Tax Planning - Part 2
Welcome to the second instalment in our tax planning series designed to give you a taster of what exactly tax planning is, the process, and why you should do it. In part one, we used the SMART goal setting framework to give an overview and set a baseline understanding. This week will be more about the process with lots of practical tips you can implement now.
In order to complete an accurate tax planning review, we need up to date actual profit and loss figures, and a projection to the end of year so that a full year profit and loss can be prepared. Sounds easy right? Let’s find out!
Being able to run a current profit and loss statement was once the domain of large business with full time accounting teams. It just wasn’t cost effective for smaller businesses, or systems were designed in such a way you really needed to be an accountant to understand them! Thankfully times have changed and small business owners have very good accounting systems available at much lower costs.
Running some reports is only useful however if the system is reconciled up to date. So using Xero as an example, you have your file and the bank feed is setup, meaning that bank transactions are flowing directly from your bank to the Xero file. It is then important that all of these transactions have been reconciled so that reports can be generated showing accurate balances.
Doing that? Perfect! Now let’s really start having some fun! This article is being written in June, so for the purpose of this example, we will run our theoretical profit and loss report for the year to date ending 31 May. Most software packages allow you to run this report showing the previous year as a comparative, and this is important because it allows you to go line by line and look for any amounts that are dramatically different this year compared to last year.
The reason we are doing this is so there is an accurate baseline to project from. For example, the initial P&L might show a high profit and so you go off and buy some new expensive equipment to make use of the $20k instant asset write off rules being extended for small business. There is no issue with that, but if depreciation had been forgotten about in the calculation (which is normally a year end entry), the profit might have been much lower than what was forecast and so it could have been more advisable to delay that purchase. This could have been picked up by running a comparative P&L and when you get down to the depreciation line, this year would have been nil compared to a higher figure in the previous year.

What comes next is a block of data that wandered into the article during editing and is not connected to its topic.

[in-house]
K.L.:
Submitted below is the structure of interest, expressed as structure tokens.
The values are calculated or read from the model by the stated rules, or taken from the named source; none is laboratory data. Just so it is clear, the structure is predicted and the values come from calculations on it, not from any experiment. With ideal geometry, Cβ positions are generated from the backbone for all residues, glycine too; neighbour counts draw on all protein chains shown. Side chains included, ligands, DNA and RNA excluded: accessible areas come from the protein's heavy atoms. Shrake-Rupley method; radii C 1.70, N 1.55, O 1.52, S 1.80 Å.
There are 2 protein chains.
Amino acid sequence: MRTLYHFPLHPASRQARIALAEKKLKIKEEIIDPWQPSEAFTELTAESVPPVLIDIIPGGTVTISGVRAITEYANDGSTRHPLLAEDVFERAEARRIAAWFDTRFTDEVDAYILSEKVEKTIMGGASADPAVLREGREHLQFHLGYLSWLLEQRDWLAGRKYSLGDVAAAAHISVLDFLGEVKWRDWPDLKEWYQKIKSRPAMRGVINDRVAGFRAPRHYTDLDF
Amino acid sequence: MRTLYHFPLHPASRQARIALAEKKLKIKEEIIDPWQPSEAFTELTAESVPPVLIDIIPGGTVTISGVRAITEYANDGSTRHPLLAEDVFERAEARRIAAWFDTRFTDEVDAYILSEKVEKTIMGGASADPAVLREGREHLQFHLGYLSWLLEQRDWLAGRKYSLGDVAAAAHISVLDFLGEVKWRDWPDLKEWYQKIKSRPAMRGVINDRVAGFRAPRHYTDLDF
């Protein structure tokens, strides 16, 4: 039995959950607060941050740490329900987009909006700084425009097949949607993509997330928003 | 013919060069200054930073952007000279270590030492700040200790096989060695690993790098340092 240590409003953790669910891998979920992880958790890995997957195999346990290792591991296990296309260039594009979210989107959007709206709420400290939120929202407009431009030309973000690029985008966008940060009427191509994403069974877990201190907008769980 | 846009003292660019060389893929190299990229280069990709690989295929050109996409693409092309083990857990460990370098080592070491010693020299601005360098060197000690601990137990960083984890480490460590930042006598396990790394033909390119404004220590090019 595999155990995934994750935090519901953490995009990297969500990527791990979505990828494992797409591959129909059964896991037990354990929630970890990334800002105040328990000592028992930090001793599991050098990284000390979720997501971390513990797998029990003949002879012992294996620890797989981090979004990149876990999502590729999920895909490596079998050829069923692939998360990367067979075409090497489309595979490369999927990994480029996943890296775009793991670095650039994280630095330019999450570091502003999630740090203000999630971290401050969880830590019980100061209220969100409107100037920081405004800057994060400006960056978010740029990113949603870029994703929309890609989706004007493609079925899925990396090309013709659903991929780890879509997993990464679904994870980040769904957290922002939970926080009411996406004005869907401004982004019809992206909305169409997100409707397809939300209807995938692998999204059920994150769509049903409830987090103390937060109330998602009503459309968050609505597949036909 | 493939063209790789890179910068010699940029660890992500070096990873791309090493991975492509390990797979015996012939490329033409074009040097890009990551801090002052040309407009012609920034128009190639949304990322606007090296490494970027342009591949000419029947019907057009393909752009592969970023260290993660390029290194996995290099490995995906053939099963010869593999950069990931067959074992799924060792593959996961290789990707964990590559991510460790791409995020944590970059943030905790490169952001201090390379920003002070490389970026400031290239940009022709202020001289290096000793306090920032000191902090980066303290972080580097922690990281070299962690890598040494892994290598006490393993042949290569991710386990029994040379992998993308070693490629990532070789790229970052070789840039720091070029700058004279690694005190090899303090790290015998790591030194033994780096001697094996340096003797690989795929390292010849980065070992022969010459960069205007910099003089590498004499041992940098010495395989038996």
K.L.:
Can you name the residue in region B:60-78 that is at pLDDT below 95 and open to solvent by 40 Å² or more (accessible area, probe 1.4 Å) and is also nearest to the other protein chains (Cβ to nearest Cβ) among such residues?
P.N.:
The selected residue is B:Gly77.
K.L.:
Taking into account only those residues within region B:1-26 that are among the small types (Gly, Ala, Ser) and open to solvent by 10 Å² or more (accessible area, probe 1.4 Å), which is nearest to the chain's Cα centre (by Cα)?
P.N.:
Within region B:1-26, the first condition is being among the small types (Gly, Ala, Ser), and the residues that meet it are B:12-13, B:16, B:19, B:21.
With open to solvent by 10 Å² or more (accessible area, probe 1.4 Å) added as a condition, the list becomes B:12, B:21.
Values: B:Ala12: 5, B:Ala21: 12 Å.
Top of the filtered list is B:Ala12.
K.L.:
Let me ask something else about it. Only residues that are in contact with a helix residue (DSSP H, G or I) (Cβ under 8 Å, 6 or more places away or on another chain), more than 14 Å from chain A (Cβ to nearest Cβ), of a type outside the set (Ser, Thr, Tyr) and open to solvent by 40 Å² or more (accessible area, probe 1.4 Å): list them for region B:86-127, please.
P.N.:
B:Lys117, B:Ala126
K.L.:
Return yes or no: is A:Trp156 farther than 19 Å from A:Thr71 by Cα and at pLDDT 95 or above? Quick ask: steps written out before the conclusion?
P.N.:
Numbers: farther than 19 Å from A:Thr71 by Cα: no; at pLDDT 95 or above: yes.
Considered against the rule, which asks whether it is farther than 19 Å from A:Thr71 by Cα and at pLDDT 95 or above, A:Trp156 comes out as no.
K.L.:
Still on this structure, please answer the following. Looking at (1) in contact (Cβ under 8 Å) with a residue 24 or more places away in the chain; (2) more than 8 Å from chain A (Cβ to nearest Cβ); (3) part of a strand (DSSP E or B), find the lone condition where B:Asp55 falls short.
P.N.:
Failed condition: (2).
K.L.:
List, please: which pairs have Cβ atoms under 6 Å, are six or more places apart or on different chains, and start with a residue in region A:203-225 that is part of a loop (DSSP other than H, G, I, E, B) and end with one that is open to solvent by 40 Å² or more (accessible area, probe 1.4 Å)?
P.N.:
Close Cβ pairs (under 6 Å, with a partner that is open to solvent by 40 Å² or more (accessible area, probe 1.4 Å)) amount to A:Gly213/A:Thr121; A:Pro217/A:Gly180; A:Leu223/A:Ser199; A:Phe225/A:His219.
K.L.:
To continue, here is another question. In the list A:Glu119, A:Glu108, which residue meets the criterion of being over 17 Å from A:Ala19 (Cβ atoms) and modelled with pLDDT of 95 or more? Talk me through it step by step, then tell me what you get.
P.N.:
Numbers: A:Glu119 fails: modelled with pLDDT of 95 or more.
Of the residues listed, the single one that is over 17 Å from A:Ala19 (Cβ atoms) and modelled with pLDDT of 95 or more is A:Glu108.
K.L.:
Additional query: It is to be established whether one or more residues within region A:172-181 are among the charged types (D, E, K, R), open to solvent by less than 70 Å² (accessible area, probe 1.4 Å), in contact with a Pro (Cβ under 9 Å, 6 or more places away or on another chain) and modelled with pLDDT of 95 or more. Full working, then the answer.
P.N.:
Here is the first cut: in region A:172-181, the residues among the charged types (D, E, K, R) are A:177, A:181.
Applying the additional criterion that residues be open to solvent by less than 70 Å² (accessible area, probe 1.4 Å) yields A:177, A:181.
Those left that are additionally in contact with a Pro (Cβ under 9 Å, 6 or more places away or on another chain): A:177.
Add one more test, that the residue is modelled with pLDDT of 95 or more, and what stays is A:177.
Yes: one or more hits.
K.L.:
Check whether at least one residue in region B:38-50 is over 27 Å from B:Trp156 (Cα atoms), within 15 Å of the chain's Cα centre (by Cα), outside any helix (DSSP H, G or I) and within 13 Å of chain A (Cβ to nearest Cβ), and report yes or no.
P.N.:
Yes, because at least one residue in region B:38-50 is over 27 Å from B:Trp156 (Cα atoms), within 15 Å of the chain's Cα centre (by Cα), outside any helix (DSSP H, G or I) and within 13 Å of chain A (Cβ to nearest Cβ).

Don’t forget your balance sheet!
Using the depreciation example above, it would be incorrect to assume the same expense from the prior year would be the same for the current year. Small businesses have access to depreciation pools which can be more aggressive than standard depreciation methods, and a purchase or sale will also impact how much depreciation is available in the current year.
Leading up to year end is also a perfect time to consider the recoverability of trade debtors which is not something you would see just looking at the profit or loss.
Projected income & expenses
So by now we have reviewed the profit or loss and balance sheet and determined we are happy with the draft numbers. Now is the tricky bit because there needs to be an estimate of income and expenses. As a baseline, you can extrapolate out based upon the year to date. We then like to talk with our clients to ensure that these figures are accurate and factor in any unusual transactions like a big sale that has just occurred or some repairs that were required due to a break down of a machine or vehicle.
The annualised profit or loss
So with all of the above work completed, we have now have a combined actual and projected profit or loss for the year. This in itself might be a quick process, or it may take more time depending upon the state of your accounting records and complexity of business dealings. Either way though accurate tax planning cannot be completed without it. Hence why part two of this series has been dedicated to getting this right.
Now that we have done the groundwork, our next instalment in the series will look at some strategies to consider implementing before year end.
We do very much hope that this article has helped you in some way. If it has then please feel free to share it to someone who may also find it helpful. And please do not hesitate to contact us if you have any questions or comments.